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I began a look at the career of Calgary Flames legend, and the man Stan Smyl still sees in his nightmares, Mike Vernon. Today the trek continues right where we left off, with Vernon helping the Flames to their first-ever Stanley Cup after a heroic playoff run. Little did everyone know that the next big glory Vernon would experience would happen away from his hometown.
You can check out the first part of my retrospective here.
Chapter 3: Moving On, Fight Night at the Joe
Unfortunately, much like Gibson and the Dodgers, the 1988-89 season turned out to be a one-hit-wonder for Vernon and the Flames. Though Calgary would make the playoffs four out of the next five seasons, they were bounced from the first round each time and slowly saw key players both on the ice (Mullen, Loob, Suter, Gilmour) and off (Fletcher) leave the team.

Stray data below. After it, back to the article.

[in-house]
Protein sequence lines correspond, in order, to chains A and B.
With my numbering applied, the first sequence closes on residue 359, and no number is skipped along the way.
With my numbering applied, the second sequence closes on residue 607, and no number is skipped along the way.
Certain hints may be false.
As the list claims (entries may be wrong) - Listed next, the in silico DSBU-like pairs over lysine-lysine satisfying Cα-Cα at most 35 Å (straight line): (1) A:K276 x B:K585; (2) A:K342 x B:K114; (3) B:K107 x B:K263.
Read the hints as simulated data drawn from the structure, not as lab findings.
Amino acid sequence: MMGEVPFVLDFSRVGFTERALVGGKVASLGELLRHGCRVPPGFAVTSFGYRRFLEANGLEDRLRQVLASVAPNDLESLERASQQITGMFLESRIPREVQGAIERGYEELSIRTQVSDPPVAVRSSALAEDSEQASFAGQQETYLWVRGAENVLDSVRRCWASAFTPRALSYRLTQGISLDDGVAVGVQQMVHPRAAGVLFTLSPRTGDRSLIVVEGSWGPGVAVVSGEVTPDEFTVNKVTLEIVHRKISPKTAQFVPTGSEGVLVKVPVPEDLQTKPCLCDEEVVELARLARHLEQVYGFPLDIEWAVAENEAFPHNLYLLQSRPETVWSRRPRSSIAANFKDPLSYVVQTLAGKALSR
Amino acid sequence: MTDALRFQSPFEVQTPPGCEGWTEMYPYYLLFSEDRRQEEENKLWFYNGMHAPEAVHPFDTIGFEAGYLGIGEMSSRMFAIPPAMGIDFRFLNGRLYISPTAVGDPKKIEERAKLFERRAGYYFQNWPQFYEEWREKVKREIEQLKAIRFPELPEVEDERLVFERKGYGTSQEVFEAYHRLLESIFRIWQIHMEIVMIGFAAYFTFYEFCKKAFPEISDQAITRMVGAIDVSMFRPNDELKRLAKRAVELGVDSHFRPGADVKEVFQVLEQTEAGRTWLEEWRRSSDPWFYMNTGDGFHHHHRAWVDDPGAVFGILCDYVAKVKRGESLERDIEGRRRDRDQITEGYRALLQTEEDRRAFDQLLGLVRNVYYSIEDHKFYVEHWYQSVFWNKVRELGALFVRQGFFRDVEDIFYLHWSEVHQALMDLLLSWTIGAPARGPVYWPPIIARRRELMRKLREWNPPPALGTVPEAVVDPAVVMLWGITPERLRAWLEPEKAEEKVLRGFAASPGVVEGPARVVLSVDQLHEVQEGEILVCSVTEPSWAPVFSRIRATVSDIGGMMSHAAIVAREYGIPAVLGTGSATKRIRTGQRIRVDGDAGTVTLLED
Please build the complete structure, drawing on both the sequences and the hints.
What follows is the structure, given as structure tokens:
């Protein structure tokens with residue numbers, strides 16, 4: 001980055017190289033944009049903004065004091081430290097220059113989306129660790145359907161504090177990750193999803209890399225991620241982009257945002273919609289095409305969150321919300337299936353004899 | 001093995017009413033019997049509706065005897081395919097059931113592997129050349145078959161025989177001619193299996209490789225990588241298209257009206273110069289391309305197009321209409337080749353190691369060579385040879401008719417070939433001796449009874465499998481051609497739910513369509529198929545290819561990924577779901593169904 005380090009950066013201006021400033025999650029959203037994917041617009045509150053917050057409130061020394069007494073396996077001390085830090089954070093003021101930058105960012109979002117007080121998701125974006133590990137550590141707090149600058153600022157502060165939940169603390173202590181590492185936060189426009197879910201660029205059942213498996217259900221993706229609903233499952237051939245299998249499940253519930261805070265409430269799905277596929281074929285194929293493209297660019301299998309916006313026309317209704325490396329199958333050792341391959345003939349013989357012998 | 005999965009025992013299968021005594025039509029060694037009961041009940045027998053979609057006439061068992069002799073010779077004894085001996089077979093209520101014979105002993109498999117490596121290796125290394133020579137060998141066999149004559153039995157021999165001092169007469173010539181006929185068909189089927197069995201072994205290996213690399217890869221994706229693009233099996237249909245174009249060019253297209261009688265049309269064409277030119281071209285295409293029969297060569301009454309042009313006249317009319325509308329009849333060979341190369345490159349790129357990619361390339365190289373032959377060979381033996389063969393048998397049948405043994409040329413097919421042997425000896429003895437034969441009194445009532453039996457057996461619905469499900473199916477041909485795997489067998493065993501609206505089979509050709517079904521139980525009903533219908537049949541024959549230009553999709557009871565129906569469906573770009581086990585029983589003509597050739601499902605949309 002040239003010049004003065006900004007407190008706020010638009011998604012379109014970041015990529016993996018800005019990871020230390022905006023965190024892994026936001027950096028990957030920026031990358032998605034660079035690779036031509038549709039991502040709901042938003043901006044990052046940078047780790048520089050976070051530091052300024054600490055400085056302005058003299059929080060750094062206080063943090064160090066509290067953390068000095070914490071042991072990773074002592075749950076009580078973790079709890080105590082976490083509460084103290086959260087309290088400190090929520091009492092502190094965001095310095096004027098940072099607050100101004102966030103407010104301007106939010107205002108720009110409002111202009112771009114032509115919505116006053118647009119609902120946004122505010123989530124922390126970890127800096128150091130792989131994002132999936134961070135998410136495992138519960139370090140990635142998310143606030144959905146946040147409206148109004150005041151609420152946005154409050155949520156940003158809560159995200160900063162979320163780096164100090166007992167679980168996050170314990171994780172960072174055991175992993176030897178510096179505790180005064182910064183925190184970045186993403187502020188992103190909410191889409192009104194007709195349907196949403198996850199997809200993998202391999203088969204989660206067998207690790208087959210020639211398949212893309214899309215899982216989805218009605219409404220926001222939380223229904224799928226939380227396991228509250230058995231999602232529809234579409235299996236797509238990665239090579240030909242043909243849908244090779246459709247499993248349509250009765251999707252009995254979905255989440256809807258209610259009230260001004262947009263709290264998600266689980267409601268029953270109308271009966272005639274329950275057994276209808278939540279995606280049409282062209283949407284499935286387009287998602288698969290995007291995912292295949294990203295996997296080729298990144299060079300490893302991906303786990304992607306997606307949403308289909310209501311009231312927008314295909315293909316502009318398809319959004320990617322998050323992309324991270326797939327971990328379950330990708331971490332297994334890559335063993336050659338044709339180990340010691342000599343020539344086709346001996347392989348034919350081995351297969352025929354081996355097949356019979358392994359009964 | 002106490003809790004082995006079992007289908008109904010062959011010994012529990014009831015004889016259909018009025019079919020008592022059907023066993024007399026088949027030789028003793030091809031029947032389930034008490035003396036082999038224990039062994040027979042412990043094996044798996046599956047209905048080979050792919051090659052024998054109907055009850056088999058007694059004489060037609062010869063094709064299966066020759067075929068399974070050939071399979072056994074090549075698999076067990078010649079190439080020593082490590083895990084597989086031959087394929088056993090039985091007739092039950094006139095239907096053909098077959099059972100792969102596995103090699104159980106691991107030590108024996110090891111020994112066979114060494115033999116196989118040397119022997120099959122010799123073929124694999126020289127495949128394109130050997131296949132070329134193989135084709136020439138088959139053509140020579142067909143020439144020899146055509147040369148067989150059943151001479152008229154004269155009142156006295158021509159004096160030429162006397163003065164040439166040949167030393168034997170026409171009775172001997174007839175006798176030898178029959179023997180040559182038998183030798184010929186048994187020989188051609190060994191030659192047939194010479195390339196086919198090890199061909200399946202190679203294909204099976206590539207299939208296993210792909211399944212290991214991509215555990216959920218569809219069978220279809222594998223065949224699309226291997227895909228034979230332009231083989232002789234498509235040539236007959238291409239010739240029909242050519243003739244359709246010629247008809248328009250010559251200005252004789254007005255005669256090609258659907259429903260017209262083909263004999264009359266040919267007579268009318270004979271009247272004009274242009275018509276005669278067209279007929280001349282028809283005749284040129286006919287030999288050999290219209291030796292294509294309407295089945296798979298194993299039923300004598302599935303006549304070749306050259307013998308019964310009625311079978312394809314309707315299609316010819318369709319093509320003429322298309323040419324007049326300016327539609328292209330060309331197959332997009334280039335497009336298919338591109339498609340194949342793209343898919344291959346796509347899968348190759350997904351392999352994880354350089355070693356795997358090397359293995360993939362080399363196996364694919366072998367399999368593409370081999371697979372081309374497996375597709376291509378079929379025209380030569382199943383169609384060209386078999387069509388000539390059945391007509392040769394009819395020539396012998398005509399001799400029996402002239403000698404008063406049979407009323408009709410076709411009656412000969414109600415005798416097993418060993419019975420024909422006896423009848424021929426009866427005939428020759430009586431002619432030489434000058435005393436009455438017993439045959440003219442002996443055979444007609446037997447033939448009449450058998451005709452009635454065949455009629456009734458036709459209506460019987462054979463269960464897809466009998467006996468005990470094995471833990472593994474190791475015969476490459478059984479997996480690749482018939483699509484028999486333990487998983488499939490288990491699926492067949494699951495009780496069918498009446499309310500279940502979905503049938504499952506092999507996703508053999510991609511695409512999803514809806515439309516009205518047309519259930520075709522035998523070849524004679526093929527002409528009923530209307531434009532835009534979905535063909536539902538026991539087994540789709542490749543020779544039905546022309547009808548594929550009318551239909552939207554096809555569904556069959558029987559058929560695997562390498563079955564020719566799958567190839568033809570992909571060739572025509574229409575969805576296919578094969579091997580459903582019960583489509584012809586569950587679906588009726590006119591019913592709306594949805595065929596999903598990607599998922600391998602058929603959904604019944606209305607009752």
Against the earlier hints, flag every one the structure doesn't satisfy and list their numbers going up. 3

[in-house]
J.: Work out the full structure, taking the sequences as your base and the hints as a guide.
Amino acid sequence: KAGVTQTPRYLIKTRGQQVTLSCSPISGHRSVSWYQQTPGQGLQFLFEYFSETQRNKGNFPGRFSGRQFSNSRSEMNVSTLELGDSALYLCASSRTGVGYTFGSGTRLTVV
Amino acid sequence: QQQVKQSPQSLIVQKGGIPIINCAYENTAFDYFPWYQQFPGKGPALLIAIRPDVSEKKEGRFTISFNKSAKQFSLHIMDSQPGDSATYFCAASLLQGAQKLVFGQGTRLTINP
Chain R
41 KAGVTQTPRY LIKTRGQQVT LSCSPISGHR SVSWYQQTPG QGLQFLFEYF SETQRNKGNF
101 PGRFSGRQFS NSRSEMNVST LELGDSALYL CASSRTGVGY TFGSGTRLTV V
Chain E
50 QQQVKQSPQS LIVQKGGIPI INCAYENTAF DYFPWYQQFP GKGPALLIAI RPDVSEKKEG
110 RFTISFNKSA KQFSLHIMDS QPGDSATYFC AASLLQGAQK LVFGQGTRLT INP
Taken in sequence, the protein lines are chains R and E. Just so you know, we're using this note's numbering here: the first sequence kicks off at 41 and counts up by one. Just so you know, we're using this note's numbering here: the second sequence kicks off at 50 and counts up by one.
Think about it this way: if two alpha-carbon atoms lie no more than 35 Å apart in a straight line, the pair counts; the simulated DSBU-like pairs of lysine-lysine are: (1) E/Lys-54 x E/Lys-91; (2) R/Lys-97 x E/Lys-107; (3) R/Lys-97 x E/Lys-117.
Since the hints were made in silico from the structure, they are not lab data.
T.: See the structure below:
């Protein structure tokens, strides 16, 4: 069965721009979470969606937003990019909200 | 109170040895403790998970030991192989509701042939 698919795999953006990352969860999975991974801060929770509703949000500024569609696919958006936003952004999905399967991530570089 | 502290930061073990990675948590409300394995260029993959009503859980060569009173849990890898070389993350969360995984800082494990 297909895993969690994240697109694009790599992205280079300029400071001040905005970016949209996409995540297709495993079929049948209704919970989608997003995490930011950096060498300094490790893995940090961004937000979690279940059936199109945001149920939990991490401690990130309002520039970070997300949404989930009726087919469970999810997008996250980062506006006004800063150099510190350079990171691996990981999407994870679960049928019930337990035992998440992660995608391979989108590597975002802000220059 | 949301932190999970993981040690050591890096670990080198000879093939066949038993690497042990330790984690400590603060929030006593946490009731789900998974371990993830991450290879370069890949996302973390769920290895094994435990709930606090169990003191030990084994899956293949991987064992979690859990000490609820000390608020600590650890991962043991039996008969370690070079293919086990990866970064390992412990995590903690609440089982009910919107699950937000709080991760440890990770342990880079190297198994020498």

Throughout all the changes, Vernon remained consistent, winning 23, 31, 24, 29, and 26 games, respectively, though he was slowed by back problems and often the target of criticism from fans due to his occasional allowance of weak goals. But consistency wasn’t enough, and by 1994, it became clear that Vernon and the Flames were on two different paths. What was Calgary’s path, you may ask? You may want to avert your eyes because this is going to get ugly. As it turns out, the Flames were moving on from Vernon in favor of giving the goaltending job to Trevor Kidd. Trevor Bleeping Kidd.